MARGARET WARNER: Oh, yes. But you can see this is a whole one-two step. You had William Hague, the British foreign secretary, coming on The Today Show and you had Hagel going on the BBC. They are very much working in tandem.
JUDY WOODRUFF: And we also know, Margaret, there is a rising crescendo of members of Congress saying it’s not enough for the president to consult with Congress. He needs congressional authorization. What are they saying about that?
MARGARET WARNER: Well, from what I hear, Judy there are not many call for authorization. Speaker Boehner didn’t say that. Senator Cornyn today talked about appropriate consultation.
There is one congressman from Virginia, a Republican, who talked about authorization. But what they have been doing is stepping up their calls. I’m told Senator Kerry has talked to, for instance, the Senate Foreign Relations chairman, Menendez, and Carl Levin, the head of the Senate Armed Services Committee, though I’m told that Congressman Mike Rogers, Republican head of the House Intel Committee, has received only a kind of sketchy briefing, not really a full phone call not from a senior member of the administration like Senator Kerry and doesn’t feel he has been really consulted.
JUDY WOODRUFF: So the consultations are ongoing.
MARGARET WARNER: I think they are still ongoing.
JUDY WOODRUFF: Margaret, what about — tell us a little bit more about what the allies are saying. Will there be — if there is U.S. action, which allies will be on board? Who won’t? What about the Arab nations?
MARGARET WARNER: Well, Judy, if you start with the premise — which I think the administration is — that a U.N. resolution authorizing this is unlikely, then they have to build an international coalition, which is the way they did going into Kosovo many, many years ago.
I think they are counting on the British and French. We could hear their leaders say that today. But the question is, can they get some regional actors involved? The Arab League, as you just pointed out, said this was reprehensible and that Assad did it, but didn’t endorse military action.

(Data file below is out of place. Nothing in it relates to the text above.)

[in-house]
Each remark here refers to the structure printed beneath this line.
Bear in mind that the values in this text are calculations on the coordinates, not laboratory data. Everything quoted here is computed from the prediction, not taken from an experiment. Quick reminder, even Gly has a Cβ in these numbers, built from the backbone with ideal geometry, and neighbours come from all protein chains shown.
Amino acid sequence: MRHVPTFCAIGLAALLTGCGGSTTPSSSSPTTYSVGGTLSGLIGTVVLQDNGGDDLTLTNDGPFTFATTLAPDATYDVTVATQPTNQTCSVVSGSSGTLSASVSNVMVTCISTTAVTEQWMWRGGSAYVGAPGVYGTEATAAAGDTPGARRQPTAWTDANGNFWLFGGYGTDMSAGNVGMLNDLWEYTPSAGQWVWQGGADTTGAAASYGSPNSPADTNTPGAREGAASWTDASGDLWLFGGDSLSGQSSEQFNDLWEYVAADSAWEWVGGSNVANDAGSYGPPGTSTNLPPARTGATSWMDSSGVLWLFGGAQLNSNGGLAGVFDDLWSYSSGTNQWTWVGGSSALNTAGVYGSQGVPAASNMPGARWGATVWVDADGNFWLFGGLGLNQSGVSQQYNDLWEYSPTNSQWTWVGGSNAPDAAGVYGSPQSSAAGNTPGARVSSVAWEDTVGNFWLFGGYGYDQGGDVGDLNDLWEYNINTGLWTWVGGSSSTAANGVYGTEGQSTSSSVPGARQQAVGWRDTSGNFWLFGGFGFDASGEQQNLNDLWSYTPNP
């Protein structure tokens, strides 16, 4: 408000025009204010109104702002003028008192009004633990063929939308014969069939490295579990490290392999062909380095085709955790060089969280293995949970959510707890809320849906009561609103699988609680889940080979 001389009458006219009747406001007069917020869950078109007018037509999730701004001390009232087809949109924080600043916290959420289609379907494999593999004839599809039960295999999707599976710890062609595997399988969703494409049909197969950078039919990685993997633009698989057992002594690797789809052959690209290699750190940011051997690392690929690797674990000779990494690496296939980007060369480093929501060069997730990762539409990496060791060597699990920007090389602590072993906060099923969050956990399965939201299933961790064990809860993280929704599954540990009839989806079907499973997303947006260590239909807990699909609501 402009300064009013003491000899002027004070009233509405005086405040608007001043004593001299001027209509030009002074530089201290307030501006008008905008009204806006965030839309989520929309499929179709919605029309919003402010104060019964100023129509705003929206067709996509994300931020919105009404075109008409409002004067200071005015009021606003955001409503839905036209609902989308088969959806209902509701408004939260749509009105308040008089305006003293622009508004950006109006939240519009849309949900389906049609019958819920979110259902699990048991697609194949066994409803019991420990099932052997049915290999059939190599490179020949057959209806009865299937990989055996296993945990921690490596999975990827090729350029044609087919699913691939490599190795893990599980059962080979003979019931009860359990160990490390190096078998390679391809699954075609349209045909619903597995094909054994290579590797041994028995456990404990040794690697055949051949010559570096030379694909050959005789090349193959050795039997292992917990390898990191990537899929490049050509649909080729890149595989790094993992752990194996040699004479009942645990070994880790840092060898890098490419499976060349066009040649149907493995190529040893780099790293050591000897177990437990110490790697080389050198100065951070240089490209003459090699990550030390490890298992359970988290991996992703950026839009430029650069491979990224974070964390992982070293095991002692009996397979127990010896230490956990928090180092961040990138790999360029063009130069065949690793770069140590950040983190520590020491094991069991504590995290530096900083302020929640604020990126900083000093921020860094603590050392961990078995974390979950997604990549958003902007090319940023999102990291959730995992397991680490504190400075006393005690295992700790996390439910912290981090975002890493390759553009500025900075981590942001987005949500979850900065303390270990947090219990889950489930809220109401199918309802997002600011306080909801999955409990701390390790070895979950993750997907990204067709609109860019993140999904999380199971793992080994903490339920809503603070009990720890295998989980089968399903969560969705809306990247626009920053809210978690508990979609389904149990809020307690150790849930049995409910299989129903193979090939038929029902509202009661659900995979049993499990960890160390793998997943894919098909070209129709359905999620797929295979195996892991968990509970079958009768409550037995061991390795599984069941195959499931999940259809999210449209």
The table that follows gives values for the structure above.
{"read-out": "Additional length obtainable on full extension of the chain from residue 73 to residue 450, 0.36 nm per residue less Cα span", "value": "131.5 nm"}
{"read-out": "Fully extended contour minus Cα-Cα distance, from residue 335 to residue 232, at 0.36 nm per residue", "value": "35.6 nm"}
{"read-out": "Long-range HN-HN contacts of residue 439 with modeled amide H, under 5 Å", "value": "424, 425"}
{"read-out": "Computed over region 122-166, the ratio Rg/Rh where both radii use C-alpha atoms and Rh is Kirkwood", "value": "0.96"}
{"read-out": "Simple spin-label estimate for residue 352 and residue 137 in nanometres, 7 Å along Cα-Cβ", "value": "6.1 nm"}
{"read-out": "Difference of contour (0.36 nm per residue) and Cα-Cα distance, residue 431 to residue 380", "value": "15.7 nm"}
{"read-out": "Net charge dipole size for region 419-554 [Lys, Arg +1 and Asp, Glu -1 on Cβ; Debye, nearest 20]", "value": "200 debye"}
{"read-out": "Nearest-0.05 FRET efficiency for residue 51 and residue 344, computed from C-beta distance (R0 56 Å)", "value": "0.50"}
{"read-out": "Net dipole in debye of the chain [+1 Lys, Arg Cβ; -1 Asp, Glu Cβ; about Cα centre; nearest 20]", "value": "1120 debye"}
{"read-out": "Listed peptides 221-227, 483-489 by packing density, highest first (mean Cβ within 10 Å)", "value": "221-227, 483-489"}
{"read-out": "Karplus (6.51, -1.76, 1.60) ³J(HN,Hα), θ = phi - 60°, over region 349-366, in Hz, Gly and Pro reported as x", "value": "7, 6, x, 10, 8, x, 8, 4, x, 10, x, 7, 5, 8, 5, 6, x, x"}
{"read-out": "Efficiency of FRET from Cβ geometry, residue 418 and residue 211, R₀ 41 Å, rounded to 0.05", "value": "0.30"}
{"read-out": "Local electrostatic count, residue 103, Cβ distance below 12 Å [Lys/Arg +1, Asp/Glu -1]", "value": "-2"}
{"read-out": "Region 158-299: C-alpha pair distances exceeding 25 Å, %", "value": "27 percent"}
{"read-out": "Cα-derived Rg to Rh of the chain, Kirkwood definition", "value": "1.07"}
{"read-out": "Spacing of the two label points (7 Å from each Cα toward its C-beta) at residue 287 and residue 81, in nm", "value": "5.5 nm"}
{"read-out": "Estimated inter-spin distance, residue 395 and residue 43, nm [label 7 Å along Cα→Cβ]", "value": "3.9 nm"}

The Gulf states are certainly behind this. Neighbor Turkey is very much behind this, probably will be part of a coalition as a NATO member. But there are other states in the region who are nervous. For example, Egypt, no love lost with Assad there with the new Egyptian military regime, but said it is a very sensitive subject for us with our public. So the case really has to be laid out internationally, which is why the U.N. inspection report is important.
Israel, of course, is getting ready for some kind of retaliation, so they have done everything from cancel…
JUDY WOODRUFF: From the Syrians, from Hezbollah.
MARGARET WARNER: From the Syrians or from Hezbollah.
I mean, they don’t know that it will happen, but they are prepared, so they have canceled military leaves, upgraded gas masks.
JUDY WOODRUFF: But, just quickly, Margaret, no waiting for the U.N. to discuss this and debate?
MARGARET WARNER: No.
What I do not know — and I don’t know if it’s unclear, undecided or just not known to us — is whether the administration will feel it needs to make at least the effort, go to the U.N., propose a resolution, get voted down, and then act.
JUDY WOODRUFF: Margaret Warner, some great reporting once again. Thank you.
MARGARET WARNER: Thanks.